In 1963, the grand old Pennsylvania Station was razed in order to make way for the monstrosity that is Madison Square Garden, and the current Penn Station. It was a dark time for preservationists, who fought to keep the early-1900s Beaux-Arts beauty standing, but it's a moment that led to the creation of the The Landmarks Preservation Commission, which formed in 1965.

The station's life was well-documented in those dramatic black & white photos you've seen, showing sun beams, suitcases, and romantic reunions with soldiers.

Its death, however, didn't get much visual documentation. Aaron Rose was one of the only photographers to capture its slow, crushing fall into rubble, and we've been given permission to share his photos here. The destruction began on October 28th, 1963 as the clock struck 9 a.m., and as "a light rain fell and picketers wearing black armbands watched silently, electric jackhammers began to destroy Penn Station. For the next three years, Penn Station was slowly demolished," the MCNY wrote, "the destruction was brutal and total."

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Pennsylvania Station in the 1920s. (Getty)

Below you'll find some more info about the fallen beauty, but the most unusual fact is that you can still find some remains of Pennsylvania Station nearby. Just as original stones tested for Grand Central Terminal are still sitting in Van Cortlandt Park, pieces of the original Pennsylvania Station have landed in Secaucus, NJ. Some remains, including 16-ton decorative eagles and the 84 Doric columns, have been there since the mid-1960s. In 1964, the NY Times printed a huge photo of the wasteland that became home to the building's remains, and wrote:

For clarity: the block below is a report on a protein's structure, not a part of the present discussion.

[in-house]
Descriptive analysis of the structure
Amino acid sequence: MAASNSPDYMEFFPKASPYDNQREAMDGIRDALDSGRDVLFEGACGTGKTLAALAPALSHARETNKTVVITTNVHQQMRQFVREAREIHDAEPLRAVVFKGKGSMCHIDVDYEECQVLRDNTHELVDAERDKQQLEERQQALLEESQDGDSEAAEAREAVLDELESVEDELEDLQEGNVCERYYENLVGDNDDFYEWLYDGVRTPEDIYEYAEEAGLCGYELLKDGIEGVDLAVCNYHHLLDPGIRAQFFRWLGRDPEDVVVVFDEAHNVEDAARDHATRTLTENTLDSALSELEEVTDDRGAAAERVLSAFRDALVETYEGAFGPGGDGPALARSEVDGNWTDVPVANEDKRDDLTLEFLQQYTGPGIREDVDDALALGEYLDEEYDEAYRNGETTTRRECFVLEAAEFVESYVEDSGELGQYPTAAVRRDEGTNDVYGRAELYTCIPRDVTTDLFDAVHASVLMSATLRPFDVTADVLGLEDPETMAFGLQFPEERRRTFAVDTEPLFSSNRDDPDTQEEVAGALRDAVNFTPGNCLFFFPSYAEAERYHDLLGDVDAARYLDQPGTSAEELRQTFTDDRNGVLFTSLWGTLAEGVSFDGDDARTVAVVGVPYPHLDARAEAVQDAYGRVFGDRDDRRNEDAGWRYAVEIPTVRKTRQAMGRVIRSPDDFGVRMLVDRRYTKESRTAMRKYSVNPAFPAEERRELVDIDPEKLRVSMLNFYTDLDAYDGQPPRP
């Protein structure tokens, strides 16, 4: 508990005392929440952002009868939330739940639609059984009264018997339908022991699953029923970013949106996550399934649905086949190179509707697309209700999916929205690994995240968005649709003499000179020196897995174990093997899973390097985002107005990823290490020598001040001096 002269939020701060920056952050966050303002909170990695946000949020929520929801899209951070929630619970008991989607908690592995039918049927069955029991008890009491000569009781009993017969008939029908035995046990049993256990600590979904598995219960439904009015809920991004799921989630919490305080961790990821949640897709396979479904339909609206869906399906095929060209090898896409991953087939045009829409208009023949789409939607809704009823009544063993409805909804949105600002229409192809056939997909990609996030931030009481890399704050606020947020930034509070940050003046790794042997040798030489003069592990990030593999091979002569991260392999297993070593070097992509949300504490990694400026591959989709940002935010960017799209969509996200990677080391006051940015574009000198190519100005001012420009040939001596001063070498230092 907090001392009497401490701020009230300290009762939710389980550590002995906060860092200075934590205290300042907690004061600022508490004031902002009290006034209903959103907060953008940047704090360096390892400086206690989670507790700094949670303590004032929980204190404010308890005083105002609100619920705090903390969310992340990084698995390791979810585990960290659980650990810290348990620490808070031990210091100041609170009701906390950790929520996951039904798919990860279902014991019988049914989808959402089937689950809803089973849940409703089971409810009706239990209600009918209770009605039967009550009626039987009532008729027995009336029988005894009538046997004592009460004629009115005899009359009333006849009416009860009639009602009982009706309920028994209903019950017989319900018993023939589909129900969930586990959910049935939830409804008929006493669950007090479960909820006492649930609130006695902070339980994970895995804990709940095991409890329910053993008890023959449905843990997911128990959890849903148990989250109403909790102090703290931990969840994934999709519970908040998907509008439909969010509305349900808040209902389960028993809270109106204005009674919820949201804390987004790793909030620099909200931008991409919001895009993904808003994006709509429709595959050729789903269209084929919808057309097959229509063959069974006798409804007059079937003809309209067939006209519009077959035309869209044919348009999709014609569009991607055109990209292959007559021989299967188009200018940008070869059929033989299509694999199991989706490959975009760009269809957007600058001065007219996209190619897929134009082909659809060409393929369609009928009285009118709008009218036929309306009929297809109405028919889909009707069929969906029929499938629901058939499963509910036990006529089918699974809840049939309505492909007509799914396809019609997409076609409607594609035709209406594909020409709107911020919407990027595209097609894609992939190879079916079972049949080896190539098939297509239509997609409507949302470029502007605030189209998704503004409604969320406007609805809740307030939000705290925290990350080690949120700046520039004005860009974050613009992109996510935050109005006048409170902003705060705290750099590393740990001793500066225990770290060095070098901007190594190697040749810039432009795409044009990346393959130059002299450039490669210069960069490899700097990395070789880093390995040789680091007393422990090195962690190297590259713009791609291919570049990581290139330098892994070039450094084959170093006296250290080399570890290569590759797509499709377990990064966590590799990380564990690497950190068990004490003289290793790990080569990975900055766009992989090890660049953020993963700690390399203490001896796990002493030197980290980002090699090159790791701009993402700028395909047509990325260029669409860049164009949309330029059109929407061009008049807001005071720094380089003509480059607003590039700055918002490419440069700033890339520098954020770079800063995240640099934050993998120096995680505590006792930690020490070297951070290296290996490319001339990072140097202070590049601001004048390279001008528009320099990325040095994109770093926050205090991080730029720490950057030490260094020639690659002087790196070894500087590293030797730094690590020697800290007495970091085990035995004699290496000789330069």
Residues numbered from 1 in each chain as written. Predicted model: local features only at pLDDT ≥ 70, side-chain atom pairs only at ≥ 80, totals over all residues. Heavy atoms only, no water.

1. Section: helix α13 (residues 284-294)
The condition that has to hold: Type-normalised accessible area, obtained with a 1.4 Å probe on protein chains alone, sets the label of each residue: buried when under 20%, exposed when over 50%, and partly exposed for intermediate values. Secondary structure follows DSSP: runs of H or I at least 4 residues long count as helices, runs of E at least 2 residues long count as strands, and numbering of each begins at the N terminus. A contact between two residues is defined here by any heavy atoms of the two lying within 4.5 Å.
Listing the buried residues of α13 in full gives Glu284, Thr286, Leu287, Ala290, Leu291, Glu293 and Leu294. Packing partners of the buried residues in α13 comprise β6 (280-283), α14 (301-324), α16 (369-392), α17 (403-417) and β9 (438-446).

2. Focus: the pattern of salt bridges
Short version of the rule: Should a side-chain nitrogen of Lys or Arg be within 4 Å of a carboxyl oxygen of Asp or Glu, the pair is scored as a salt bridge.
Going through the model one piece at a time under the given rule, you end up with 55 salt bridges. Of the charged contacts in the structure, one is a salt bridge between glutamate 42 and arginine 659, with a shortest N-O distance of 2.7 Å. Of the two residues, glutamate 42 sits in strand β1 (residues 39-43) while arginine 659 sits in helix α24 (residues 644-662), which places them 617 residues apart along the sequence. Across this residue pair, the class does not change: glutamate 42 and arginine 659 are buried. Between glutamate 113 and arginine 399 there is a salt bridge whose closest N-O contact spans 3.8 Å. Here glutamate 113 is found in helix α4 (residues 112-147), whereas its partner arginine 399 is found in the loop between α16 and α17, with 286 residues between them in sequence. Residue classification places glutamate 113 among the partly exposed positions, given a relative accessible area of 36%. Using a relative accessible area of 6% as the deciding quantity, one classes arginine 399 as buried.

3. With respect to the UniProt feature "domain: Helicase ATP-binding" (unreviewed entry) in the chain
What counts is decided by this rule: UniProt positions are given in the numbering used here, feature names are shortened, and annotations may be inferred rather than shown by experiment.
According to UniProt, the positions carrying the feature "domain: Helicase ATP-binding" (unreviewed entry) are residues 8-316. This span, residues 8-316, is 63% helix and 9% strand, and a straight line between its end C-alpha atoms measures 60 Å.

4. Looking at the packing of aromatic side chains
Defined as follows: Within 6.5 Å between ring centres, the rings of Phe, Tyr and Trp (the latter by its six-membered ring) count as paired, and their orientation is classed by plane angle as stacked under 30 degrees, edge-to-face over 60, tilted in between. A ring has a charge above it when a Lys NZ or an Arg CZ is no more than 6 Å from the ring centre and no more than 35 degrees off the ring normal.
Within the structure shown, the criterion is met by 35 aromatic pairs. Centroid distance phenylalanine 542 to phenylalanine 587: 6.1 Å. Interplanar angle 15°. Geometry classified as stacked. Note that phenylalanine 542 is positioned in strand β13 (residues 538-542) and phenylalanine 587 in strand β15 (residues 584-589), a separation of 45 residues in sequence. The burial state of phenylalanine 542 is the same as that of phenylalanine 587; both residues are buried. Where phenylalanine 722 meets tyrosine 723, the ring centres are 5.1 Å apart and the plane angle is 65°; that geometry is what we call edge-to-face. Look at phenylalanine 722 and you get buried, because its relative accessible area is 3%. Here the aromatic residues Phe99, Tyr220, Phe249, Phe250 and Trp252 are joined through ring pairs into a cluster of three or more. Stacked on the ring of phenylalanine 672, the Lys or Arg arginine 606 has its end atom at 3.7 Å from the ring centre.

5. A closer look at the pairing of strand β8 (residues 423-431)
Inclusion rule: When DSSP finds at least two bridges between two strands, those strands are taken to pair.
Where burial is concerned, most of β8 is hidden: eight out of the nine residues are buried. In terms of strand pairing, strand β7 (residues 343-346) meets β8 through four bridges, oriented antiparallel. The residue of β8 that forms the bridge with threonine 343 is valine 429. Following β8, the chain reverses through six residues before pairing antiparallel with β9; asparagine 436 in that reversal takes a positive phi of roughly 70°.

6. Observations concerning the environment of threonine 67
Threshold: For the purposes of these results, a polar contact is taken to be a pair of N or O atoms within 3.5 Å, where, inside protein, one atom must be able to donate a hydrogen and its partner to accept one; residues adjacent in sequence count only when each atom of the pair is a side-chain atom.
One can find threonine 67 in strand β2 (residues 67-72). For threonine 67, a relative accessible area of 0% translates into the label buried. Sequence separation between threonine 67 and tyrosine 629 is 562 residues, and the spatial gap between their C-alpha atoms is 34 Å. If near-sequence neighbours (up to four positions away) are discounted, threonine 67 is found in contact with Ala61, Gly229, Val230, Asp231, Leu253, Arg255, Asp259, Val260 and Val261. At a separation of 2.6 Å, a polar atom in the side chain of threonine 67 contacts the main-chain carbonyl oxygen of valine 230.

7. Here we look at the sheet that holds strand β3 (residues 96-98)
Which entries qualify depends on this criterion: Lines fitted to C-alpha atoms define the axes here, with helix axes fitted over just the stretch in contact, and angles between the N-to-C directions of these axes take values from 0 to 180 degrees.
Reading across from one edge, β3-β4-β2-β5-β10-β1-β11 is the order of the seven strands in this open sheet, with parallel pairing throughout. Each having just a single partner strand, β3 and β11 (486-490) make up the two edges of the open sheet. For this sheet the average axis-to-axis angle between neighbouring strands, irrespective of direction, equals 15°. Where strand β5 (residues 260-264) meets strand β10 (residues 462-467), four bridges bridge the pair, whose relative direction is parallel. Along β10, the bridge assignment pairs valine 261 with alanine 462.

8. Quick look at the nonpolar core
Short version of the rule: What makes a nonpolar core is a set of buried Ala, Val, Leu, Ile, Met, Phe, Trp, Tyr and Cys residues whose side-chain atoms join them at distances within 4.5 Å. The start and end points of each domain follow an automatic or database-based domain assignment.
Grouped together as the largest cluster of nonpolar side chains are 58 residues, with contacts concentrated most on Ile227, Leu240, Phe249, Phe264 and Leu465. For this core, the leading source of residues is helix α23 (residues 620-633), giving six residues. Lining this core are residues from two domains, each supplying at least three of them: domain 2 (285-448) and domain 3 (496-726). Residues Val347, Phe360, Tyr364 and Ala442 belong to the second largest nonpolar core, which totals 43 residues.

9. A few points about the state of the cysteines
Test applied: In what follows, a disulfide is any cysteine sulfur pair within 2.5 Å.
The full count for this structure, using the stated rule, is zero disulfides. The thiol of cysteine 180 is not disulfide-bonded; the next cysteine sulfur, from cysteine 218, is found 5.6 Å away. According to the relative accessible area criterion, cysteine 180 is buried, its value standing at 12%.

"Some of the architectural splendor that distinguished the Pennsylvania Railroad Station in New York is now chunks of granite dumped here in the Secaucus Meadows. The Doric granite columns, four feet wide and 35 feet high, that for more than half a century graced the 31st and 33rd Street exteriors of the station are lying in disarray on several acres."

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(Photos courtesy of The Museum of the City of New York)

  • Another piece of the original Station is still standing on 31st Street—this is the Penn Station Service Building, which was designed by Charles McKim and William Symmes Richardson (McKim, Mead & White), the site notes, and built in 1908.
  • The original Pennsylvania Station, designed by Charles F. McKim, of McKim, Mead & White, opened on September 8th, 1910.
  • It had the biggest waiting room in history.
  • Natural light streamed through the iron and glass roof, which hovered 150-feet up.
  • The structure sat upon a (highly valuable) nine-acre lot.
  • On July 25th, 1961, The NY Times published an article about Madison Square Garden moving to the site of Pennsylvania Station, noting that the original station's waiting room would be part of the new facility. Of course, this didn't happen.
  • Ada Louise Huxtable, architecture critic for the NY Times, wrote, "We are an impoverished society. It is a poor society indeed that can’t pay for these amenities; that has no money for anything except expressways to rush people out of our dull and deteriorating cities."
  • Destruction began on October 28th, 1963, as protesters watched silently in the rain. In a farewell letter to the station, published in the NY Times, the destruction was called "a monumental act of vandalism." The writer also stated, "One entered the city like a god; one scuttles in now like a rat."
  • "The origins of the New York City Landmarks Law are often attributed to the loss of New York City’s Pennsylvania Station in 1963."

When the dust cleared, this is what happened next:

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MSG being built, 1966. (AP Photo/Anthony Camerano)